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Premier12 fireballer Noah Song to report to US Navy Flight School

Premier12 fireballer Noah Song to report to US Navy Flight School
The Boston Red Sox won't be able to use his 99 mph arm before May 2021. "I am fortunate to have two ‘Plan A's’ in life."

Noah Song, the USA National Team right-hander who delivered the fastest pitch of the WBSC Premier12 2019, won't play professional baseball in 2020. Song has been ordered to report to Flight School in Pensacola, Florida, by Friday (26 June) to begin his training.

The 23-year-old, a Naval Academy graduate, was selected by the Boston Red Sox in the fourth round of the 2019 MLB Draft. He submitted a waiver request to transfer his commission to the Navy Reserve.

According to the Navy, while the Department of Defense made a policy change in November 2019 to permit military service academy graduates to pursue professional sports careers, that policy did not apply retroactively to past graduates.

"Ensign Noah Song is prohibited from being released from his active duty service obligation in order to play professional baseball by law and policy," Commander Alana Garas wrote in an e-mail, "in accordance with Title 10, Section 8459."

"The original waiver, which requested the ability to continue my service by transferring my commission to the Navy Reserves and concurrently pursue a professional baseball career with the Red Sox organization, gave me the best chance to make it to the major leagues,” Noah Song said in a statement. “However, I understand transferring immediately into the Reserves is unlikely because the law and policy in my case do not permit it."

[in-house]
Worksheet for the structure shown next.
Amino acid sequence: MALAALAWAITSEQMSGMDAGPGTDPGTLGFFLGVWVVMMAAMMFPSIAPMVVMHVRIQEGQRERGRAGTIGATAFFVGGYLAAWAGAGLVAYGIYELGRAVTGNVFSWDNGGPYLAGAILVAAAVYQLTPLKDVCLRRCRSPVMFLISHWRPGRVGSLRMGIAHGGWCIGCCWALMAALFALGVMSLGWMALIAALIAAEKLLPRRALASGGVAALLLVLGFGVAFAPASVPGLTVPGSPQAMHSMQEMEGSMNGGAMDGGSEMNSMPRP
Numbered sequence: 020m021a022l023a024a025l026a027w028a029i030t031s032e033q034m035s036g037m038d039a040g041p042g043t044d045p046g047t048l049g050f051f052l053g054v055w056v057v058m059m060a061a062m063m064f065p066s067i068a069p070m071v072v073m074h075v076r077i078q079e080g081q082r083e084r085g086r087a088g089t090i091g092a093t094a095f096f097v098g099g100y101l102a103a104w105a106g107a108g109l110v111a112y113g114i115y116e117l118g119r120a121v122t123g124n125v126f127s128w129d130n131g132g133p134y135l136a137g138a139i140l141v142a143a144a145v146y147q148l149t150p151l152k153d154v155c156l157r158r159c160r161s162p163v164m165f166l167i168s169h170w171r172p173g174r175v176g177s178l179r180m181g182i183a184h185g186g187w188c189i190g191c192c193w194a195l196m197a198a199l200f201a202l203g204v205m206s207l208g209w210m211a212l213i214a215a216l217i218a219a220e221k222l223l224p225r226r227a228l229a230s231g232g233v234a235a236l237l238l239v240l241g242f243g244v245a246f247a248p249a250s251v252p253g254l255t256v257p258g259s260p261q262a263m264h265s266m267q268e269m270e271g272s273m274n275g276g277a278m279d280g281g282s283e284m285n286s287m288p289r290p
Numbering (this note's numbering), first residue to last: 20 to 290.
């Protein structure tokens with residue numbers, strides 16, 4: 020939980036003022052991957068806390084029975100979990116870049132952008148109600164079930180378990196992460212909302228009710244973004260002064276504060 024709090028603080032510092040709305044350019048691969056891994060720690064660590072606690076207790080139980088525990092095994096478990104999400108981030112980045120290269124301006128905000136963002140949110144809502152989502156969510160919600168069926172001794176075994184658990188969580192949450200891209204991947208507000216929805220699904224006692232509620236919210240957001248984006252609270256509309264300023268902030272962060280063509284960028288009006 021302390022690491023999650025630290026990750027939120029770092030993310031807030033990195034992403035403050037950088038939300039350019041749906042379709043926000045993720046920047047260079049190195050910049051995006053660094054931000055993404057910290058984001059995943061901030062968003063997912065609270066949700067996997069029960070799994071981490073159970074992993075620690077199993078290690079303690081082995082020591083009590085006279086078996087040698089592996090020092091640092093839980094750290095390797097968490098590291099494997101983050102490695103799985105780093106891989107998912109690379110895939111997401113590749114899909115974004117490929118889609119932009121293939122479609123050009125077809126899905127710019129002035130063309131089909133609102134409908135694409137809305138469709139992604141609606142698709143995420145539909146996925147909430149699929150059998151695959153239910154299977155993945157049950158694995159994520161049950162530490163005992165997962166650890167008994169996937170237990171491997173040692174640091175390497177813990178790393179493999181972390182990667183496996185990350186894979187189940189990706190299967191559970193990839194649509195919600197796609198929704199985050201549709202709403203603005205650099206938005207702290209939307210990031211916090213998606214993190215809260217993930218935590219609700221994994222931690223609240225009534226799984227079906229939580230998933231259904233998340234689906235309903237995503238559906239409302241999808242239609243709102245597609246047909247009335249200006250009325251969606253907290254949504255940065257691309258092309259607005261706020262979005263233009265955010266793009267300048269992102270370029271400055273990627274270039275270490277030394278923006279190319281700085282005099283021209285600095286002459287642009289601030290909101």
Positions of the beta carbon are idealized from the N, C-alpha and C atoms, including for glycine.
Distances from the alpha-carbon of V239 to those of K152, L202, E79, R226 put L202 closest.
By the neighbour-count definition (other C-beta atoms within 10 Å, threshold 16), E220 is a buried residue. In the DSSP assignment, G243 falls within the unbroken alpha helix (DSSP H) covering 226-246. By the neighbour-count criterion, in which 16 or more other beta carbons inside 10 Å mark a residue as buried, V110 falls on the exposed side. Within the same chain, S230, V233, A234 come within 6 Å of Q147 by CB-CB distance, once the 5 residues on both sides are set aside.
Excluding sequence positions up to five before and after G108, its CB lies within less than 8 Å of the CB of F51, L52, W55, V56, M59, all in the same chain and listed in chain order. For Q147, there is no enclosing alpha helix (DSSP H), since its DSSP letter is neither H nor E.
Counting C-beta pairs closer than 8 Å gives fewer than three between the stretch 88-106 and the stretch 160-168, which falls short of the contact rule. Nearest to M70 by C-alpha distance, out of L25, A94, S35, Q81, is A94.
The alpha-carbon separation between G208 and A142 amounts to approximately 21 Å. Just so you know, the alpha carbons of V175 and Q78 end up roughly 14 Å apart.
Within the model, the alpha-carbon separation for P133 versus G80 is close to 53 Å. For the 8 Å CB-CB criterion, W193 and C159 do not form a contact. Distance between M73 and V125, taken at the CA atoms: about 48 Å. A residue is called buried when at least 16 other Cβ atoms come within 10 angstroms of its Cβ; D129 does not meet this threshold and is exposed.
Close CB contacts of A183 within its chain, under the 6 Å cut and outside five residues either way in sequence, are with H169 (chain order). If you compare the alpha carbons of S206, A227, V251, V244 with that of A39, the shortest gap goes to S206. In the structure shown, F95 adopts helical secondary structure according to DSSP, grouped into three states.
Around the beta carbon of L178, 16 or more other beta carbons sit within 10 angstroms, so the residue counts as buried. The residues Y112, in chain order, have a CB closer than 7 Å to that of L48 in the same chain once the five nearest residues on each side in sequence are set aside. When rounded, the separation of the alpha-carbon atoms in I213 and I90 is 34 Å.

The Title quoted by Commander Garas states that "midshipmen may not be released from their commissioned service obligation to obtain employment as a professional athlete following graduation until they complete a period of at least two consecutive years of commissioned service."

Song’s commission began upon his graduation from the academy in May 2019. He will be eligible to seek a release into the Reserves, and the simultaneous pursuit of his pro baseball career, in May 2021.

"The Navy allowed me to participate in minor league baseball, and to compete for Team USA in the months following my commissioning, and I am grateful for that opportunity," added Song.

"If I were somehow allowed to transfer into the Reserves, I would have every intention of serving on active duty after my time with baseball ends. I place an incredible amount of personal value in serving my country and doing so in a meaningful way. I am fortunate to have two Plan A's in life; I want to serve my country as a naval aviator and play baseball for the Red Sox. I will continue to do all I can to accomplish both, and I sincerely appreciate the support I have received from the Navy and the Red Sox in reaching those goals."

Related article: Interview with Noah Song at WBSC Premier12